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Answering Architectural Digest's "7 Questions to Ask an Interior Designer Before You Hire Them"

Let's dive right in...

How do you decide which projects are a good fit for you and your firm?

My process is completely different for each project because each person is unique. I try to create a casual and comfortable environment for my clients. It's difficult to pinpoint what would make a project a "good fit" because I've designed for such a diverse group of people. A. Robinson Interiors' main focus is furniture selection so I'd say as long on your project involves the selection of a few key pieces we're good to go!

Do you welcome client involvement or do you prefer clients to be hands-off?

Client involvement! At a certain point it can become hands off but I definitely need input from the client while developing a concept. I also like to send pictures and do presentation to get the "ok" from the client.

What elements define your style? Where do you find inspiration?

When I'm space planning I focus on the client and how they plan to function in the space. The functionality of the space is the most important design element. I don't start focusing on the concept or aesthetic until the client feels like this is a room they can actually live and function in. Once that's all set the fun part starts! I usually ask my client what inspires them: what colors do they like? What do their Pinterest boards look like? It's more important for me to understand my client than it is for me to project my style onto them.

What do you find most challenging about designing a home?

Finding the best products at the right price point. Everyone has a budget and I respect it but I also respect quality products that will last and leave the client feeling satisfied. It's just about finding the right balance.

What is your project-management style like?

Expect the following deliverables when working with me: floor plan(s), samples/images of product(s), a quote, and shipping updates. I typically put together a pdf with images and gather as many physical samples as possible. Once that is approved by the client I put together an invoice, collect payment, and place orders. As product comes in I'll stop by to help with placement and accessories.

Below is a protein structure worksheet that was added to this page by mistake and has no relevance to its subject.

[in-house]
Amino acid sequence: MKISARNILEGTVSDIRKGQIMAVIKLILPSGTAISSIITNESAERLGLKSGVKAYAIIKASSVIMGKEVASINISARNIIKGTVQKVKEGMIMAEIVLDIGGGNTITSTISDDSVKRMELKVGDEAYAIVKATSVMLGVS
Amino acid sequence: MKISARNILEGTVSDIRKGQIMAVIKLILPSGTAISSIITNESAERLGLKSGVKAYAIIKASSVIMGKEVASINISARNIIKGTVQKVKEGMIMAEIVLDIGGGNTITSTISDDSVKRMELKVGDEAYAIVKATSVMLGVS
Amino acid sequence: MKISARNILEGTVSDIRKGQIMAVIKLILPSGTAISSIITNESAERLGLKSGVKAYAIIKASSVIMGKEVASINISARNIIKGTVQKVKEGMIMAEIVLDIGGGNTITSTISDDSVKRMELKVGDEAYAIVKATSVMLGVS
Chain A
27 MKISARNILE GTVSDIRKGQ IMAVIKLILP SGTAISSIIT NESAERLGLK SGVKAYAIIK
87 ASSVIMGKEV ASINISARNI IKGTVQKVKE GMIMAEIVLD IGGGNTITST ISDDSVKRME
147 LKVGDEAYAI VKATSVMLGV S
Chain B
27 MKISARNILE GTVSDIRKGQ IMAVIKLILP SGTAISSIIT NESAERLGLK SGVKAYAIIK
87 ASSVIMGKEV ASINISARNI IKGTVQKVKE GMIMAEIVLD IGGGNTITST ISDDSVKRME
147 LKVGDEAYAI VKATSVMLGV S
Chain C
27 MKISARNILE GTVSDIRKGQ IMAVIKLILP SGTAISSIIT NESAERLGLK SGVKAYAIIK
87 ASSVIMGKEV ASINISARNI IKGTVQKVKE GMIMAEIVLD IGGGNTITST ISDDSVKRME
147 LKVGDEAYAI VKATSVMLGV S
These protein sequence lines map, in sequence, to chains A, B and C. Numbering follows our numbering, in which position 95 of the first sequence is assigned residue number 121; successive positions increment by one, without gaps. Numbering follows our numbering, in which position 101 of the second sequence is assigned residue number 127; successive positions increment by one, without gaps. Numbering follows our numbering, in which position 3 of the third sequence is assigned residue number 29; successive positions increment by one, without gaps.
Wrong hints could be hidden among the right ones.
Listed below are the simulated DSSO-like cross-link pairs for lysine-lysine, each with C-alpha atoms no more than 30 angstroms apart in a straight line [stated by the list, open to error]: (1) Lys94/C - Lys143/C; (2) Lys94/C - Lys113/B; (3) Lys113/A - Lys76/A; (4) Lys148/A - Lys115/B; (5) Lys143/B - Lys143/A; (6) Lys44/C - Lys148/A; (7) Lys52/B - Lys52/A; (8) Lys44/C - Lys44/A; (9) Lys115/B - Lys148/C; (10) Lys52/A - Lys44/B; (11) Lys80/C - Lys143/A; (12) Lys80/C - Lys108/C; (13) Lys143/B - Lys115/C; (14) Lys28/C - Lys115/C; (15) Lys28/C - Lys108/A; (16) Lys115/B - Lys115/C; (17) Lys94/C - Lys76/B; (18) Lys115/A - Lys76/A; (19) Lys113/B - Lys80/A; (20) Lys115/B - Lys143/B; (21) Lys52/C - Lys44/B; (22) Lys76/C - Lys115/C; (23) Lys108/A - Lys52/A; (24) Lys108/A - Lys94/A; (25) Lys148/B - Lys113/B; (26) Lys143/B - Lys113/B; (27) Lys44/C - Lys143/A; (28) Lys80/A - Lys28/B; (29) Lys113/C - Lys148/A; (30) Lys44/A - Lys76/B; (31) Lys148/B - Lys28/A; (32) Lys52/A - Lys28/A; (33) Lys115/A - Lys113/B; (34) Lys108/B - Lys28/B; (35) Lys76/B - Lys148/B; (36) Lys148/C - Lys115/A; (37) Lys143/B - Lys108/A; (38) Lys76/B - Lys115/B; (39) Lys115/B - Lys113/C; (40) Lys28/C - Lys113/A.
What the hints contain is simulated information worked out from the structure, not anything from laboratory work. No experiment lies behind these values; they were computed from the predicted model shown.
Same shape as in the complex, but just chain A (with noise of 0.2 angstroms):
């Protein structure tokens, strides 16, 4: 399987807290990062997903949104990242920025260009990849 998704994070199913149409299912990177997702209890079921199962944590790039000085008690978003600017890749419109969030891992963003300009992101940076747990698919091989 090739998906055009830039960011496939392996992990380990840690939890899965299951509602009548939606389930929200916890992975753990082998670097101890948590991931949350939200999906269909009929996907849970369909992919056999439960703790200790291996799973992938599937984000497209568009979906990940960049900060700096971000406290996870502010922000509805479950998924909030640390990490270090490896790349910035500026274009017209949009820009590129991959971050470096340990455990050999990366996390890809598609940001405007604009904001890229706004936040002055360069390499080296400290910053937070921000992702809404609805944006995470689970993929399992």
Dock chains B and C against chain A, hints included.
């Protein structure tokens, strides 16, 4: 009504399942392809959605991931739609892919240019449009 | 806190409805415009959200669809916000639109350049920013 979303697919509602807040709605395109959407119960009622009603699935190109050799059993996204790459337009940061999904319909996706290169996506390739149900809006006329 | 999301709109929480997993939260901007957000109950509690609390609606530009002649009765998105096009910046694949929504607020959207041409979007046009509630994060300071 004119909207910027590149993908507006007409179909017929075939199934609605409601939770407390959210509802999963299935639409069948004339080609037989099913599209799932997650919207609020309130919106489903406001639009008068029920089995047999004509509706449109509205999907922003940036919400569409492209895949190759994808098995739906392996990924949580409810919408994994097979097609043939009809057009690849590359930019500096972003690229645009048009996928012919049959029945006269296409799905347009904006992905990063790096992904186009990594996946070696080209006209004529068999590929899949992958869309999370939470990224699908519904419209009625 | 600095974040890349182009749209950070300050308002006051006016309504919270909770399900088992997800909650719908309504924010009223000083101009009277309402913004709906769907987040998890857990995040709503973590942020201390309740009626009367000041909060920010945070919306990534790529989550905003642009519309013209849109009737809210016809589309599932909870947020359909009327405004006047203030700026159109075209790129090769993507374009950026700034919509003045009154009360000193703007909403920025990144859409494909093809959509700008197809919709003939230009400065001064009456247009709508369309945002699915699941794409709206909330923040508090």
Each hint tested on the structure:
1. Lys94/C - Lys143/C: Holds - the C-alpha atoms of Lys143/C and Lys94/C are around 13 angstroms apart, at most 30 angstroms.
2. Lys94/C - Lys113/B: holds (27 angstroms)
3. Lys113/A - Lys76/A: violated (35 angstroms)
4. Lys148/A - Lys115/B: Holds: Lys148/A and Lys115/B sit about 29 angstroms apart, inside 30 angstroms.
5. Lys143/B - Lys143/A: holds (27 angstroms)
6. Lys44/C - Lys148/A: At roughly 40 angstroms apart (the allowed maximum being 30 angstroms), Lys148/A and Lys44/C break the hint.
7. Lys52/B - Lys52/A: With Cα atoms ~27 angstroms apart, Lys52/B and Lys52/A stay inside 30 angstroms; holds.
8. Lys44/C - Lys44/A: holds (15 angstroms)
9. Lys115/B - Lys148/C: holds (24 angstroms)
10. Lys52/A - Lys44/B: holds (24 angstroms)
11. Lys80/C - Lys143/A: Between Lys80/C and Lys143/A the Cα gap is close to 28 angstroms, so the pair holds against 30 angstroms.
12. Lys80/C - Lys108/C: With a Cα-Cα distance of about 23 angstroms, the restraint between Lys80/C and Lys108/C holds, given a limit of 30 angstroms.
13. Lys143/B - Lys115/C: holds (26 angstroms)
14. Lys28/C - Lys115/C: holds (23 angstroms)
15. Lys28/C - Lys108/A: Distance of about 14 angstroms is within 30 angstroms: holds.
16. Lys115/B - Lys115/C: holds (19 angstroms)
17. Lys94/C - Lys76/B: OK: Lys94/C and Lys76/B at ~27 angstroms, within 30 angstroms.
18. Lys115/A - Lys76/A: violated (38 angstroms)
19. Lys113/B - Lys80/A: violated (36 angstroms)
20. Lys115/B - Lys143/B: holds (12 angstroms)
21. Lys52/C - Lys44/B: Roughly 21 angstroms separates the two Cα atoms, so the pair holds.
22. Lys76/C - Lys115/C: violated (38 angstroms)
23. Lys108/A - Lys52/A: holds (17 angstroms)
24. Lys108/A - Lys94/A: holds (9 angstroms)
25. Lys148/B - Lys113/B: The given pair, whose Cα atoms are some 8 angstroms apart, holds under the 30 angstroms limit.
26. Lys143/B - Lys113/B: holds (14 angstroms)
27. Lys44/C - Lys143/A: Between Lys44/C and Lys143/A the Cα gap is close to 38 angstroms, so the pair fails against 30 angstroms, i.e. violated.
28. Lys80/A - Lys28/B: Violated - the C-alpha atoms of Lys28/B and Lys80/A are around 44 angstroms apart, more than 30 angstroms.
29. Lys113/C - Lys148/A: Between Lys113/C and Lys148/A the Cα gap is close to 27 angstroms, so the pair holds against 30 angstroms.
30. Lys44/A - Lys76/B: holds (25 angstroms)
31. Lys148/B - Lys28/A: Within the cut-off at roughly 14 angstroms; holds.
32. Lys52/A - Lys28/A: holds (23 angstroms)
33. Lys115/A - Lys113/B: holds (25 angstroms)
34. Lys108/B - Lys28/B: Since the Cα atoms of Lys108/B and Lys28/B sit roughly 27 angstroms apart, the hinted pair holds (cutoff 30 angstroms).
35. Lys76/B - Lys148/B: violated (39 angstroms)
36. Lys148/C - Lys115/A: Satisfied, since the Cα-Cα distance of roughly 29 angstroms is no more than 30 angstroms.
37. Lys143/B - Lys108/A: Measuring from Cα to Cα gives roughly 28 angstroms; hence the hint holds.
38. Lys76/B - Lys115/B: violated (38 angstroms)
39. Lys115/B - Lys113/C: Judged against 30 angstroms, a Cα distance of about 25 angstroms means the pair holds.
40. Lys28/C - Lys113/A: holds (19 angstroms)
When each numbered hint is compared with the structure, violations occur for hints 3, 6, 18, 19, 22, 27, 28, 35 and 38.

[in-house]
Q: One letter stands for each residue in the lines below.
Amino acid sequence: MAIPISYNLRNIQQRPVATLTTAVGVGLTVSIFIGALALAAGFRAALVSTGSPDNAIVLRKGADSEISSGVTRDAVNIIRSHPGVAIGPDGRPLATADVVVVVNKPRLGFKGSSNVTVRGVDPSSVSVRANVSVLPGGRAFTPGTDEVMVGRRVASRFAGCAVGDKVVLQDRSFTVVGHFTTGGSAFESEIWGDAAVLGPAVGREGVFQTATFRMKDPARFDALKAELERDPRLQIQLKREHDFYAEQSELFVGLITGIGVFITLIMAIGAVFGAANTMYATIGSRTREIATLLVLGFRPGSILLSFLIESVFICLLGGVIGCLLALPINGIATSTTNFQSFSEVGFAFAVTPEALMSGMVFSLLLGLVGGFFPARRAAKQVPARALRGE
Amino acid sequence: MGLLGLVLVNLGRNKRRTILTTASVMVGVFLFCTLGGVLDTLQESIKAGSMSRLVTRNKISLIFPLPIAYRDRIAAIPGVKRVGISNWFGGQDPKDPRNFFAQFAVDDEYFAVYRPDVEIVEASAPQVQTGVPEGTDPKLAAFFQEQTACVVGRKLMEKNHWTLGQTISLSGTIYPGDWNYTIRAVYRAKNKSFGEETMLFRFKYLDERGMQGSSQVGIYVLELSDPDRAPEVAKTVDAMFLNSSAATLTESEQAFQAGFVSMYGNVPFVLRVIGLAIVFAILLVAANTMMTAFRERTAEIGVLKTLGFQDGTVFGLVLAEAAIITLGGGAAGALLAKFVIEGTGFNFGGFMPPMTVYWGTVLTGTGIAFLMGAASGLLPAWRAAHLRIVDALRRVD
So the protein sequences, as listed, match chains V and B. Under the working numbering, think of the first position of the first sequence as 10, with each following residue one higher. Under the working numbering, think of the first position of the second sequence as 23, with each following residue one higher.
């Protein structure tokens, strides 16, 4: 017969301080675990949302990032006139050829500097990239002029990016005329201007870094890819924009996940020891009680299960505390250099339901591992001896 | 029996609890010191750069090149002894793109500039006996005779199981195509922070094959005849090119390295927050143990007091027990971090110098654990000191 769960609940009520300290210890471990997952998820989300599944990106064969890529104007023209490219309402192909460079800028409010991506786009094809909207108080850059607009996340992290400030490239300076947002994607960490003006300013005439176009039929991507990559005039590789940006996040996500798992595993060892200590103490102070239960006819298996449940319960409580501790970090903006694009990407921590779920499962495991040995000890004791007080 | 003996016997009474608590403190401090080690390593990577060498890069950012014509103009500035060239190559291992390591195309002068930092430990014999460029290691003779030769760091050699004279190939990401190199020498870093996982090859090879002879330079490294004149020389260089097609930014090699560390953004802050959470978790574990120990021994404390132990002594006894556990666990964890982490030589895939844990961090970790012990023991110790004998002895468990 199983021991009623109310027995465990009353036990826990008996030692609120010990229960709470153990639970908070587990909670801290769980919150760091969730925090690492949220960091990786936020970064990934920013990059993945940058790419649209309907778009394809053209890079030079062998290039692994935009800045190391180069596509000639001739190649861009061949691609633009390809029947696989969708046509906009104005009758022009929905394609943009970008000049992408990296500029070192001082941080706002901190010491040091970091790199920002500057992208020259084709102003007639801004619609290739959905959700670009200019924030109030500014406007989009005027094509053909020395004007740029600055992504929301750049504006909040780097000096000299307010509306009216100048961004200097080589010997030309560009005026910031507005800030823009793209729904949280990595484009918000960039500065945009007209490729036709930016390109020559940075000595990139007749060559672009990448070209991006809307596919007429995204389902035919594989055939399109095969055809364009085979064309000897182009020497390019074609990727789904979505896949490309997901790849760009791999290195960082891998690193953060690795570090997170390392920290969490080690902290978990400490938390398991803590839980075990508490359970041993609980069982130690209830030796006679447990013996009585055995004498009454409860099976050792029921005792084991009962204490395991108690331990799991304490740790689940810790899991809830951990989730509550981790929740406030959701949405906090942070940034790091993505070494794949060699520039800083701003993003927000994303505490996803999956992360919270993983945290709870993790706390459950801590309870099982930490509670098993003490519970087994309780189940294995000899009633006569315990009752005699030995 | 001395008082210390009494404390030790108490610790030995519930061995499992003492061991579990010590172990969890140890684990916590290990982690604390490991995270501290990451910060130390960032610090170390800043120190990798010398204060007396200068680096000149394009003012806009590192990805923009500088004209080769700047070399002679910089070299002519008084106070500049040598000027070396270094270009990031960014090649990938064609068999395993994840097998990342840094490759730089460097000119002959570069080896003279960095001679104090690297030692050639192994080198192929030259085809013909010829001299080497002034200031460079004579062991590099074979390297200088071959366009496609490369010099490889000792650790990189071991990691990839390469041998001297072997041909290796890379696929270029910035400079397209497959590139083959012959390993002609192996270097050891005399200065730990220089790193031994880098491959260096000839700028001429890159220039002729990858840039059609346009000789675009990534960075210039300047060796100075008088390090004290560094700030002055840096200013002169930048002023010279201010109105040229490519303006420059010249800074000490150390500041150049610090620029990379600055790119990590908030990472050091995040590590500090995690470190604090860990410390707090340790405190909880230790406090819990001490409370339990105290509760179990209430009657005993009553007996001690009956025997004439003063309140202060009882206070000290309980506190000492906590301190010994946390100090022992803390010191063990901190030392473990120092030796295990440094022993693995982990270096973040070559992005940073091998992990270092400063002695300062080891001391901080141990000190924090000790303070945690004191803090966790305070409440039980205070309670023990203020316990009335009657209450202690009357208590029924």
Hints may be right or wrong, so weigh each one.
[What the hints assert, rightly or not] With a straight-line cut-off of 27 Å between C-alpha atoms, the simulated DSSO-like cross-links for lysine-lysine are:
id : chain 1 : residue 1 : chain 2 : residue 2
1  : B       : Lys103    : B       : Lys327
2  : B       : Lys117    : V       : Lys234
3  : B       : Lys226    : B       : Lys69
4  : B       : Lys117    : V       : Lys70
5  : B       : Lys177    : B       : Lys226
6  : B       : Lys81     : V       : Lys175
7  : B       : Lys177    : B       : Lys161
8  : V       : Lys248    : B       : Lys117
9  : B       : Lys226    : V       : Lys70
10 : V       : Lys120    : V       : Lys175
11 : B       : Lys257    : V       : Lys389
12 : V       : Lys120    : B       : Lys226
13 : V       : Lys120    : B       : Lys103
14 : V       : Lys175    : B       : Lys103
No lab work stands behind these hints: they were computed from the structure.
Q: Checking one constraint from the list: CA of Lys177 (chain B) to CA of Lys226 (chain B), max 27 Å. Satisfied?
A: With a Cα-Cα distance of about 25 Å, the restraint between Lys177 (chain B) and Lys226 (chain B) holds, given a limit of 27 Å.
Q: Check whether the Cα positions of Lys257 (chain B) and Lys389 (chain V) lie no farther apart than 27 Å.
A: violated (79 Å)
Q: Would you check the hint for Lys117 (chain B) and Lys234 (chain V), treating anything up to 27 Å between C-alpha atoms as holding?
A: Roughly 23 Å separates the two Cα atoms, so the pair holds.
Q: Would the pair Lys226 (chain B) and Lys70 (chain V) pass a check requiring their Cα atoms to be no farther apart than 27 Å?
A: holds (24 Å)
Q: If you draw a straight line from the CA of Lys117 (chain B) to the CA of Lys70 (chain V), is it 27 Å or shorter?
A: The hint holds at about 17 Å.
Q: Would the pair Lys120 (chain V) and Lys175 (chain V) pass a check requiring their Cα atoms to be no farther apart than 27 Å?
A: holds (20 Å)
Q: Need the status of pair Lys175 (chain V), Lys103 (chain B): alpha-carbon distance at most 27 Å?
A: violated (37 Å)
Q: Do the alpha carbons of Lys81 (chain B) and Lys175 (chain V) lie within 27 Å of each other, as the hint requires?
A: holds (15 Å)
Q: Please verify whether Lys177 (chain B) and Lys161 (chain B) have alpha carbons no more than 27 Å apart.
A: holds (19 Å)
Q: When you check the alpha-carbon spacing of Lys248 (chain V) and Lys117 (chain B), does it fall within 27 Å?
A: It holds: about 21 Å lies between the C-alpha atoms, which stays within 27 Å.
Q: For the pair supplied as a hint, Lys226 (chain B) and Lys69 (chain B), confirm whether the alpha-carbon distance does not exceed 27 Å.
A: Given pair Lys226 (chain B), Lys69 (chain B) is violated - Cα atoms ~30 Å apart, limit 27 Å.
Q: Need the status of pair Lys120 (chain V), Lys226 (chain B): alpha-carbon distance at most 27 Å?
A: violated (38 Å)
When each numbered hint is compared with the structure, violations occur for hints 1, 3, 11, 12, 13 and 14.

What is an example of a mistake you made on a project, how did you handle it, and what did you learn from it?

I was ordering Hunter Douglas window treatments for a client and ordered the wrong size by 1/4". YIKES. Installation day comes and my installer informs me that the treatments won't fit in the window. This is a custom product so there's no refunds/returns/exchanges so I'm freaking out on the inside. I apologized to the client who was very understanding and got on the phone with Hunter Douglas. My instinct was to focus on getting a new order rather than attempting to return or exchange the incorrect ones. I ordered the new product with expedited shipping and got it installed within 2 weeks, no charge to the client. What I learned from this: 1) get a second set of eyes to compare my measurement notes against my actual order 2) focus on fixing the mistake and getting what the client needs THEN worry about the logistics.

What do you prioritize when planning a budget?

This is a challenge because a lot of clients won't tell me their budget at first but I really can't move forward without one. I work with budgets of all sizes. Last month a did one living room on a $3,000 budget and another on a $15,000 budget. The $3,000 budget was for a small rented apartment for a guy who recently graduated. The $15,000 budget was for a retired couple who has lived in their home for over 20 years. As long as I have a figure I can usually make it work!

More questions? Send me a message.


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